Update: This is an archived post. The latest impact factor released in June 2017 for JMIR is an unprecendented 5.175 (2016). At the same time, JMIR mHealth has a stunning inaugural impact factor of 4.636 (2016).
(Toronto/Philadelphia, Jun 14, 2016) Thomson Reuters has published the Journal Citation Reports (JCR) with its Journal Impact Factors for 2015, and we are pleased to see an impact factor increase for JMIR by over a point, from 3.428 (2014) to 4.532 (2015) (5-year impact factor: 5.247), ahead of the Journal of the American Medical Informatics Association (JAMIA), which dropped to 3.428 (and in more bad news for AMIA, the other official AMIA journal ACI was delisted for citation manipulation, see below). The Journal Impact Factor 2015 is defined as the number of citations in 2015 to the citations to articles published in the previous 2 years (2013-2014), divided by the number of articles published during that time. The Journal Impact Factor is a metric of excellence for a journal, it is not an article-level metric.
The Impact Factor is an increasingly controversial metric due its frequent misuse, e.g. administrators comparing the "raw" impact factor score across disciplines, as well as the intransparent procedures and arbitrary and slow journal selection procedures on the part of Thomson Reuters. This disadvantages journals in smaller disciplines such as medical informatics, which traditionally have less citations than for example multidisciplinary or general medicine journals. As one innovation, Thomson Reuters is now ranking journals by quartile (Q1, Q2, Q3, Q4), within their discipline. The impact factor has also been criticized for being subject to manipulation and the recent case of citation stacking / citation cartel leading to the exclusion of 3 medical informatics journals from the impact factor serves as a reminder of that (see below). (As an aside, we are proud of the fact that we are still the #1 MI journal in that category even if journal-level self-citations are excluded)
While we at JMIR discourage obsession over the journal impact factor (in particular if abused as proxy to assess the quality of individual articles), our ranking in the JCR is an important validation that even as small open access publisher we can compete with journals published by publishing giants.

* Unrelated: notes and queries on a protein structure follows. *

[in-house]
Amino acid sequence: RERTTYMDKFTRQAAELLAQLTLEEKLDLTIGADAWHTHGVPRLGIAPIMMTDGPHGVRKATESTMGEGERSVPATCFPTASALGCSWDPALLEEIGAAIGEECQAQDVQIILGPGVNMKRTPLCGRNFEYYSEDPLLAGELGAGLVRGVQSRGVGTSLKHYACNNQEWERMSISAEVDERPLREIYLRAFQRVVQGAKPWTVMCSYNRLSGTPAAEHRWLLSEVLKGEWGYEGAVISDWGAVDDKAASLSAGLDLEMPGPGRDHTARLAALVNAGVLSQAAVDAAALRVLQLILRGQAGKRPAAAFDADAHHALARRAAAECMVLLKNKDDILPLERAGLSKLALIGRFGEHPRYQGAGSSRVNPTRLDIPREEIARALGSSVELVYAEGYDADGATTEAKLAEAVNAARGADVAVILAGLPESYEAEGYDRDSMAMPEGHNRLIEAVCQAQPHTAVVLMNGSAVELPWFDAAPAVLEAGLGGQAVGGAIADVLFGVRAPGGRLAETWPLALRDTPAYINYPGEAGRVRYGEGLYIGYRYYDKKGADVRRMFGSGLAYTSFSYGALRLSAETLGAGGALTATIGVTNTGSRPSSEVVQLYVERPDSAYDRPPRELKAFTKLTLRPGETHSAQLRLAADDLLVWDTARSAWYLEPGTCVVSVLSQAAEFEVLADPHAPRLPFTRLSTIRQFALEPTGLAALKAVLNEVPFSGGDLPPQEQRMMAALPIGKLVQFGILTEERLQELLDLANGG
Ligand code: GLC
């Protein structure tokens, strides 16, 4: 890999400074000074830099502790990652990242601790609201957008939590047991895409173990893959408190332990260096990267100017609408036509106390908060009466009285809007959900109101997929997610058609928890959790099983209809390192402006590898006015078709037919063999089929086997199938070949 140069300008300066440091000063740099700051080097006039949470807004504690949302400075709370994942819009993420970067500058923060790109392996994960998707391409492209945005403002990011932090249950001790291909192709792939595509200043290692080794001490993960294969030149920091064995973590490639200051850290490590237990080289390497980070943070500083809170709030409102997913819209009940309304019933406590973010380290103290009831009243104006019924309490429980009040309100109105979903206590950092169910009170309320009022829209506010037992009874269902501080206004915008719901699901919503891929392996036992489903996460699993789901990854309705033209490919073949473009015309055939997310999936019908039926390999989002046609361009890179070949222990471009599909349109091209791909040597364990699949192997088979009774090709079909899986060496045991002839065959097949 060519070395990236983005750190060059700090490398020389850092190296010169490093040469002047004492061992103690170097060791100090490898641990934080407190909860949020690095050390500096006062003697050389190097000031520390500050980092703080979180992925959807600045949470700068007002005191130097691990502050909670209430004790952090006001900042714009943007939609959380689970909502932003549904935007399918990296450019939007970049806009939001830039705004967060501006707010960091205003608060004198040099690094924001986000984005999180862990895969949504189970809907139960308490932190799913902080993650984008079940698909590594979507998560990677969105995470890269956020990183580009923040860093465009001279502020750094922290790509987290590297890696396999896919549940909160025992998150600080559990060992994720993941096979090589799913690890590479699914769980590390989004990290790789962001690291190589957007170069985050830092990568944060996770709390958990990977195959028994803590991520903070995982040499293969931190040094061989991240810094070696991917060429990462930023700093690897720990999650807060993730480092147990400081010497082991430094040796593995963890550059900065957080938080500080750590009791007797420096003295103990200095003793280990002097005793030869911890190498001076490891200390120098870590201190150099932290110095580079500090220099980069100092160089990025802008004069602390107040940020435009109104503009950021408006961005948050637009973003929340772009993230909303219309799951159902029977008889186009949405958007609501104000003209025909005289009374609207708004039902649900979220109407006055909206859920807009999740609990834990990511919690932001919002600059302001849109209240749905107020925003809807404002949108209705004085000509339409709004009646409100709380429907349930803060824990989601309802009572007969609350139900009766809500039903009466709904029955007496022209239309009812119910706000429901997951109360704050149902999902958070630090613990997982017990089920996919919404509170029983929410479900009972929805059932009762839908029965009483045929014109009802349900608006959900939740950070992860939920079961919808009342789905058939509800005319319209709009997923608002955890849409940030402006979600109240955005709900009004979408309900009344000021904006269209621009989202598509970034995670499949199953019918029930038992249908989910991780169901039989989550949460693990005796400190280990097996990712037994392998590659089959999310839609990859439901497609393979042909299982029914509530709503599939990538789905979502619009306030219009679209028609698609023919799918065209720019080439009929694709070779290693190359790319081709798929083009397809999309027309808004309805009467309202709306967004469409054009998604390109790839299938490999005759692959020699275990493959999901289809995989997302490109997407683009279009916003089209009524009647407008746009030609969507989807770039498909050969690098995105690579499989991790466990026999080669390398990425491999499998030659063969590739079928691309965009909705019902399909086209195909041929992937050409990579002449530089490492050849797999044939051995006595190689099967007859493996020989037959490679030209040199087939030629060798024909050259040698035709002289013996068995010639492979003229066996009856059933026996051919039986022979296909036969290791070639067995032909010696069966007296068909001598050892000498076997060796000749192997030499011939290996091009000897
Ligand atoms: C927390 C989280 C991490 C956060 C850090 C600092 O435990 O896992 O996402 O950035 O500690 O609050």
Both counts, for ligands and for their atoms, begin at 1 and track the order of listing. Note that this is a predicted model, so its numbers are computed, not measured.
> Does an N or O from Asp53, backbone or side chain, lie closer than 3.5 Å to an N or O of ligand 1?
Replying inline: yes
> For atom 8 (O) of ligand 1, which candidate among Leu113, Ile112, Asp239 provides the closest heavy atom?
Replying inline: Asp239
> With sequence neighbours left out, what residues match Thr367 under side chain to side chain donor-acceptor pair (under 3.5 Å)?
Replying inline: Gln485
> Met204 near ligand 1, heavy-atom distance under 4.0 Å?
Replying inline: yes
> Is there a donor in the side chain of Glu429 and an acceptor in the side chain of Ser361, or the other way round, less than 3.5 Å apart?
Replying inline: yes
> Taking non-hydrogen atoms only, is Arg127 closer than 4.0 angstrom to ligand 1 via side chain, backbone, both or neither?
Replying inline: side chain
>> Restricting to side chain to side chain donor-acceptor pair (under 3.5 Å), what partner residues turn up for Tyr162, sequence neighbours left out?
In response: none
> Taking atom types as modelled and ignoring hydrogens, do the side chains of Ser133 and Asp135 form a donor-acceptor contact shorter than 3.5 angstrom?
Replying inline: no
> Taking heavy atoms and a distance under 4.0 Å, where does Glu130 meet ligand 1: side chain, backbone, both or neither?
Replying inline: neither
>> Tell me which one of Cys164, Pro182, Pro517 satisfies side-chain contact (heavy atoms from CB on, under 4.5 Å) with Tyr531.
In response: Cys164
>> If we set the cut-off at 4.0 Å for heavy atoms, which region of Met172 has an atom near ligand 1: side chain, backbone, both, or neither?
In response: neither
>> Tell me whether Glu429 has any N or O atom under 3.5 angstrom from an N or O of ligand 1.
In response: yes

For 10 years now, JMIR is consistently ranked in the first quartile (Q1) in both of it's disciplines, medical informatics (Q1, #2/20, 93rd percentile) and health services research (Q1, #5/87, 94th percentile).
It is the top-ranked (#1) journal by 5-year impact factor for a number of years now.
These rankings are robust and the same for a ranking by Eigenfactor (which takes into account the prestige/impact of the citing journals) or "Impact Factor Without Journal Self-Cites".
JMIR is also the largest medical informatics journal in this category, by citable items.
However, even these category-specific rankings are sometimes of limited use, in particular for multidisciplinary journals such as JMIR, which fit into more than the categories selected by the JCR editors. Moreover, the current JCR categories sometimes lump together journals which do not belong together, for example statistics journals are part of the medical informatics category, and oddly enough, the journal Statistical Methods in Medical Research (which is not a medical informatics journal) remains the top-ranked journal in the medical informatics category. JMIR is ranked #2, behind this statistics journal, with an almost identical impact factor.
We therefore keep reminding our prospective authors that the impact factor should not be the only determining factor when submitting an article. The journal scope and audience (who reads the journal) are equally important if one wants to maximize impact and influence of an article on key stakeholders and researchers, which is not measurable by citations (perhaps better measured with social media uptake and altmetrics).